Yearbook of the United Nations 2004

A More Secure World - Our Shared Responsibility

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This unique publication, the fifty-eighth volume of the Yearbook of the United Nations, chronicles all the major activities undertaken in the organization in the year 2004. In an increasingly complex international environment, the United Nations addressed, during the year, the many peace and security challenges it faced, especially the threats posed by international terrorism, conflict situations and the potential proliferation of weapons of mass destruction. The United Nations also sought solutions to such economics and social problems as poverty, hunger, unsafe drinking water, environmental degradation and endemic and infectious diseases, including HIV/AIDS, by working to implement the Millennium Development Goals.



International peace and security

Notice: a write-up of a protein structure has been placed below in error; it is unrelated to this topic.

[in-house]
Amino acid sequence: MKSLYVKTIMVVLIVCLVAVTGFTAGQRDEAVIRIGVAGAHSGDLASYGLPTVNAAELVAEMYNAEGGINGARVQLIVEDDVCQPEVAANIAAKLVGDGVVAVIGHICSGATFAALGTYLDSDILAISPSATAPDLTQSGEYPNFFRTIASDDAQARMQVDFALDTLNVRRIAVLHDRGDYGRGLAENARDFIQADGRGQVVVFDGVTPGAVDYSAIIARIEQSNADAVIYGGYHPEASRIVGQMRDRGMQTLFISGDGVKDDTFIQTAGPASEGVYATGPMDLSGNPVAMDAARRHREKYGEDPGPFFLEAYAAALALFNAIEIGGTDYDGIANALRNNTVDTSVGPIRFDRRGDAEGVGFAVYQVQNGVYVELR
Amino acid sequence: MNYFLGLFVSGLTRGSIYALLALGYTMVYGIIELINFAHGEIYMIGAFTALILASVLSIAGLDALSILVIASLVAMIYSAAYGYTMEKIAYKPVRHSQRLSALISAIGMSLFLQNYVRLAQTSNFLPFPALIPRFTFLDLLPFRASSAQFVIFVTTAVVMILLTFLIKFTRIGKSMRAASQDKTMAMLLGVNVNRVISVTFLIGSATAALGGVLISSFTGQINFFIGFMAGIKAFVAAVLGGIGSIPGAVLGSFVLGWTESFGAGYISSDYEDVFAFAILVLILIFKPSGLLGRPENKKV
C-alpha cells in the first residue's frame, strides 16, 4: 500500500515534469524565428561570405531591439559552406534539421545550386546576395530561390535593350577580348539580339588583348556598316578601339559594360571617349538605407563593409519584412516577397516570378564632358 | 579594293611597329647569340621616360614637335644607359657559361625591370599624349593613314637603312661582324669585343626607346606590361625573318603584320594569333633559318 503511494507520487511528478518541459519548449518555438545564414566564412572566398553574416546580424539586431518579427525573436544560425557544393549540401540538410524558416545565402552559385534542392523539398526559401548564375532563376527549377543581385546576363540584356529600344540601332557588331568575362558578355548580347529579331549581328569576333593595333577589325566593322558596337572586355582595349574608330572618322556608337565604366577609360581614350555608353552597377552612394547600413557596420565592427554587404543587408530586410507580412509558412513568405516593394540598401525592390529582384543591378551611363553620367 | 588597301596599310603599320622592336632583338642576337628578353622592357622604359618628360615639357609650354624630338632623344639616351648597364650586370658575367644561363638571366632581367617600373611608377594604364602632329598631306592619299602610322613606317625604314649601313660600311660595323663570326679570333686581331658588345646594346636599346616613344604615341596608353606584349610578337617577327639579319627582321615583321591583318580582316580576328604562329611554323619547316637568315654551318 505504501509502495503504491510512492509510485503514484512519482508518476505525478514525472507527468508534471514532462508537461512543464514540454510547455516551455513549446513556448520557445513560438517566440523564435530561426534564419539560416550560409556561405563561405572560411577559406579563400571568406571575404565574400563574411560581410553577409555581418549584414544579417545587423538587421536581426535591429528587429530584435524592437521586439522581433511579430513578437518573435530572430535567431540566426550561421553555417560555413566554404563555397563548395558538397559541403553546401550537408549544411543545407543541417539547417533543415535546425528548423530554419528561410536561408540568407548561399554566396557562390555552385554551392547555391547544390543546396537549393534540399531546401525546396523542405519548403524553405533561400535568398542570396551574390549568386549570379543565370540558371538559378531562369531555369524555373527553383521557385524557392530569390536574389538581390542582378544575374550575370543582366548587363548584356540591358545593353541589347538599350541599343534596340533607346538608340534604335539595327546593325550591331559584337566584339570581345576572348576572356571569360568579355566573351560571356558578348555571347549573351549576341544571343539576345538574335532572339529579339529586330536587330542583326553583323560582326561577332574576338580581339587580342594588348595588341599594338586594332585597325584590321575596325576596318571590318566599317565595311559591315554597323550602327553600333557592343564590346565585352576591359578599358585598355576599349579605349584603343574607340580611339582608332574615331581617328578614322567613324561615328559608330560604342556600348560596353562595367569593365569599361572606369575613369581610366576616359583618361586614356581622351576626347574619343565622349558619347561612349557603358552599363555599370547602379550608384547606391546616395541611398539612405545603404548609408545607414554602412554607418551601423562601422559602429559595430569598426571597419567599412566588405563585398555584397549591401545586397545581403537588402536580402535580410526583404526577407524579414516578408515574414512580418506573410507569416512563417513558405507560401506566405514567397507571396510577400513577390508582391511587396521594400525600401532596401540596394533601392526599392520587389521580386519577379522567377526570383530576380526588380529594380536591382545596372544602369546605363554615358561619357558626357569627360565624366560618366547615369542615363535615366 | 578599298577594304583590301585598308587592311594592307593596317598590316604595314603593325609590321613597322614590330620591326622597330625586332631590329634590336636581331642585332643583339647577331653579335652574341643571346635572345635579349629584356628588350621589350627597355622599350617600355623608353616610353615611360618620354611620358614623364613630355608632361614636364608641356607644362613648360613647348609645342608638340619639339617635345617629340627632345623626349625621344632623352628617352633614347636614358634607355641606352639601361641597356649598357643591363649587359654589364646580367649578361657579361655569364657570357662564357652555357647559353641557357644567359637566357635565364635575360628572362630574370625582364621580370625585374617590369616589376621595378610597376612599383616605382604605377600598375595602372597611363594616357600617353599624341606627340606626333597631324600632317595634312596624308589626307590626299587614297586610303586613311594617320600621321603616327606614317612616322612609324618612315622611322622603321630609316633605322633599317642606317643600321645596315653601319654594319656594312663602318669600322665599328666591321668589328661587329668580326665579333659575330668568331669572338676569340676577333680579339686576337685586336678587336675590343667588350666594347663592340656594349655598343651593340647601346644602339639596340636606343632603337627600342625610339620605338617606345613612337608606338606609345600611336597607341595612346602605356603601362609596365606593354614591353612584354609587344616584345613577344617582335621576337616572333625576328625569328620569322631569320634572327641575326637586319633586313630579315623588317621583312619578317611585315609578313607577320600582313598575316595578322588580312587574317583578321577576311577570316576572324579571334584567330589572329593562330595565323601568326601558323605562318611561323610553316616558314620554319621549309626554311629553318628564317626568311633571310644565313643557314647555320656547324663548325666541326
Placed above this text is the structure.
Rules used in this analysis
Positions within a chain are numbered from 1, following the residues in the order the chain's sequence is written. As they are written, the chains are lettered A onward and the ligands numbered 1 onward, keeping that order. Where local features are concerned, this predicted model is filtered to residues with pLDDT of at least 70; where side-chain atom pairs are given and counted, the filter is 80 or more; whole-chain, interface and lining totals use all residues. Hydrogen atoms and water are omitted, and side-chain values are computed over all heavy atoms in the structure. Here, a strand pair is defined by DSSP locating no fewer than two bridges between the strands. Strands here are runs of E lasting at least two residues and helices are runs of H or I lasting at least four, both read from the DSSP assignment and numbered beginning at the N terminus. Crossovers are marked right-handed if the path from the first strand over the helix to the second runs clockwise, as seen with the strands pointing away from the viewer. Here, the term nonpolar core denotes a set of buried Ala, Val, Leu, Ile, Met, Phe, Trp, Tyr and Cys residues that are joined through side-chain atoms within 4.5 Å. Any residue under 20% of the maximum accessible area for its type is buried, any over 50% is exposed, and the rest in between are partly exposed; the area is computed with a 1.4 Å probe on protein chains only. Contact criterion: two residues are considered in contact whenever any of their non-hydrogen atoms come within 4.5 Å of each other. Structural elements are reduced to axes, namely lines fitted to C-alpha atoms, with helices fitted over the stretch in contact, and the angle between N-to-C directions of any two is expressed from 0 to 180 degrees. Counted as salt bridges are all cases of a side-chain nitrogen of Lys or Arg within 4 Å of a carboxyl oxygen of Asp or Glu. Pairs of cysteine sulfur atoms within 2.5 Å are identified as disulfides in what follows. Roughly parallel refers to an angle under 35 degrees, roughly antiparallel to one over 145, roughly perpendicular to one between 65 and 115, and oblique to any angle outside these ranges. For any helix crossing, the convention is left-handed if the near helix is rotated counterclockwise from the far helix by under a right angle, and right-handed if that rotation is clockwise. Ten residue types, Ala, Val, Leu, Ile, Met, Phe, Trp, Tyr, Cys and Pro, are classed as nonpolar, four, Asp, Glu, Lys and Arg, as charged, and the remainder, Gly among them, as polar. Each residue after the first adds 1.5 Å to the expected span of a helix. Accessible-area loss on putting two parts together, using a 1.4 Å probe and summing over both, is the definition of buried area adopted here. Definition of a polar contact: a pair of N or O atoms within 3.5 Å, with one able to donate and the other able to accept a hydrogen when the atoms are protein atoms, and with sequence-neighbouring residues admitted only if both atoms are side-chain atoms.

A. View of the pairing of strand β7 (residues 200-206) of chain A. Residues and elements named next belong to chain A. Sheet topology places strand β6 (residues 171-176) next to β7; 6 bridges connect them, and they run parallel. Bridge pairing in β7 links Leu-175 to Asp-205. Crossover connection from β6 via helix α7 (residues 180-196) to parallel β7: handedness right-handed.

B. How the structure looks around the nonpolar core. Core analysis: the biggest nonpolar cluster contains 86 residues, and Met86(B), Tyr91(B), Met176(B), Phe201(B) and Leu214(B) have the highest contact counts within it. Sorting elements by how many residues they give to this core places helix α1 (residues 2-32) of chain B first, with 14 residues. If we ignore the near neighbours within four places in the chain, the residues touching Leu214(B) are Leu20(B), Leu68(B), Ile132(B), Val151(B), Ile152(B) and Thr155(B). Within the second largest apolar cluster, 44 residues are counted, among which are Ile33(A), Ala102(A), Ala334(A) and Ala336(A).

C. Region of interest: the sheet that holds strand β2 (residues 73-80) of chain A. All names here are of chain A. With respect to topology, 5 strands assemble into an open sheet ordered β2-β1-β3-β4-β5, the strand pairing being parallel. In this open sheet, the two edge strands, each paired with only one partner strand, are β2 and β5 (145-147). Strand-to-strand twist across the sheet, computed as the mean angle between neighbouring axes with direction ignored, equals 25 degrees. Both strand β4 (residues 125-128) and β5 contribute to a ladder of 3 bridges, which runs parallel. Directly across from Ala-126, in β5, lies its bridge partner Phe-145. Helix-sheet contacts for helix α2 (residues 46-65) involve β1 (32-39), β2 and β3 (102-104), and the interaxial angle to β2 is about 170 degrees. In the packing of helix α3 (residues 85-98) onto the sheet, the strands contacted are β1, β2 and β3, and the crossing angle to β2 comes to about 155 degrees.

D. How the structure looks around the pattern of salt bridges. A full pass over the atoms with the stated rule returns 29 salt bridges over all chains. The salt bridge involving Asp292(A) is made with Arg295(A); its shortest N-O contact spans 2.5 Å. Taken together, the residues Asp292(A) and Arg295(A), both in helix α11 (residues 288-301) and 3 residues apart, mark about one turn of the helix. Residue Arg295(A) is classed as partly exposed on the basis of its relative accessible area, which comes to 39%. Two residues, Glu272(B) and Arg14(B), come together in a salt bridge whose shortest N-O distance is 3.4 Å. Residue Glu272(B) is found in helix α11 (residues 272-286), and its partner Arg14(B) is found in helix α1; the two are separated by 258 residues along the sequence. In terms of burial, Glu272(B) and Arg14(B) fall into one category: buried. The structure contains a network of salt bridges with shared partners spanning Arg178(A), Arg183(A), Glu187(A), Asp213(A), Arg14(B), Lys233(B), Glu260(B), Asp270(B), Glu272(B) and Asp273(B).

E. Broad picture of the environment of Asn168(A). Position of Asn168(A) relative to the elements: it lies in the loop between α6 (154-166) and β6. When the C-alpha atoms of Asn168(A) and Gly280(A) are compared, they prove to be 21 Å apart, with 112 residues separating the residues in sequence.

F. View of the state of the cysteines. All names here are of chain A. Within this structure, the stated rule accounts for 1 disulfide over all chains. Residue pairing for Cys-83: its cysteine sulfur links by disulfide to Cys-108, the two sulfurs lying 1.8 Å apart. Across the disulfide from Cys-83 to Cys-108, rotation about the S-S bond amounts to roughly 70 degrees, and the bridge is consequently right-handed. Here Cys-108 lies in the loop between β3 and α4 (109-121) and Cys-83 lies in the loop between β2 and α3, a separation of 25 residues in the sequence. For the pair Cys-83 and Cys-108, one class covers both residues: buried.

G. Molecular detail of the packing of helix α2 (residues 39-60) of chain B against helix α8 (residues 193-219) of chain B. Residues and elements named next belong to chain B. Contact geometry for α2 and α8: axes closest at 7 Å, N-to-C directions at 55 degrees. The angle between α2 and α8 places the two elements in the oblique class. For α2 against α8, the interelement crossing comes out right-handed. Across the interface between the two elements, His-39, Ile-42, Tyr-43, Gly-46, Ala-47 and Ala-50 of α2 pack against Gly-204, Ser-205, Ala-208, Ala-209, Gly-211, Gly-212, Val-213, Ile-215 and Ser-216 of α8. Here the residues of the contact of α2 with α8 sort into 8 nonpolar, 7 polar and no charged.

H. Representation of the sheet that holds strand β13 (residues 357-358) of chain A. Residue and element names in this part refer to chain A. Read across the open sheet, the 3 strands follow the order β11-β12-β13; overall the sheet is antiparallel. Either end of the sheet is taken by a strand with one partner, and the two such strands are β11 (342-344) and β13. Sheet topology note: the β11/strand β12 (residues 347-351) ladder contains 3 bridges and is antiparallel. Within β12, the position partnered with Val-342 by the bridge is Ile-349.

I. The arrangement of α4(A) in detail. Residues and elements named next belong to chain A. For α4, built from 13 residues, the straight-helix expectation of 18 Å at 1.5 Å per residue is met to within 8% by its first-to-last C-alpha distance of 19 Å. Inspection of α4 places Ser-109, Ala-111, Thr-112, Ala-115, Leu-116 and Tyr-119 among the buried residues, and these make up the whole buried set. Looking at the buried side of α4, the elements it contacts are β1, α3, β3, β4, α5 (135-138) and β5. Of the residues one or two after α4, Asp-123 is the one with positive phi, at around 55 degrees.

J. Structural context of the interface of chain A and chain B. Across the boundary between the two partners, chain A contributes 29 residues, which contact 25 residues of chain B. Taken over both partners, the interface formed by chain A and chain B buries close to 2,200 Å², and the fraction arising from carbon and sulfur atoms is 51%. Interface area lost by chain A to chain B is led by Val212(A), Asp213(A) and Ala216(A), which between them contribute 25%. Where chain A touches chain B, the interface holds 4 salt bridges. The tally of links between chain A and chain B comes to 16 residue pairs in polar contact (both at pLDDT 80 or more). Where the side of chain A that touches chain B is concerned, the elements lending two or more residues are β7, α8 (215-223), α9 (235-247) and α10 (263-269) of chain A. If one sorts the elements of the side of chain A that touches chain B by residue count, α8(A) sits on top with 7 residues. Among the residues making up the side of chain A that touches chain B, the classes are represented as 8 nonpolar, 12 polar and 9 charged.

In 2004, the resolve of the international community to promote and maintain international peace and security continued to be tested by new acts of international terrorism, the unstable security situation in Iraq, a deteriorating Israeli- Palestinian conflict, a surge in violent internal conflicts in Africa and Haiti, and questions about the effectiveness of the Organization’s response to those and other situations. In August, the General Assembly reaffirmed the central role of the United Nations in the maintenance of international peace and security and the promotion of international cooperation, and, in December, the Secretary-General submitted to the Assembly a report entitled “A more secure world: our shared responsibility” by the High-level Panel on Threats, Challenges and Change, which he had appointed in 2003 to evaluate UN performance in addressing threats and challenges to international security and to make recommendations for strengthening the Organization. The Panel offered a vision of a United Nations for the twenty-first century and made recommendations for change in each of its principal organs, including the Security Council, and proposed the establishment of a new intergovernmental body, the Peace-building Commission. Also, the Assembly, recalling that 2005 would mark the sixtieth anniversary of the end of the Second World War, declared 8 and 9 May as a time of remembrance and reconciliation to be observed annually and decided to hold a solemn meeting in May 2005 in commemoration of all victims of the war.


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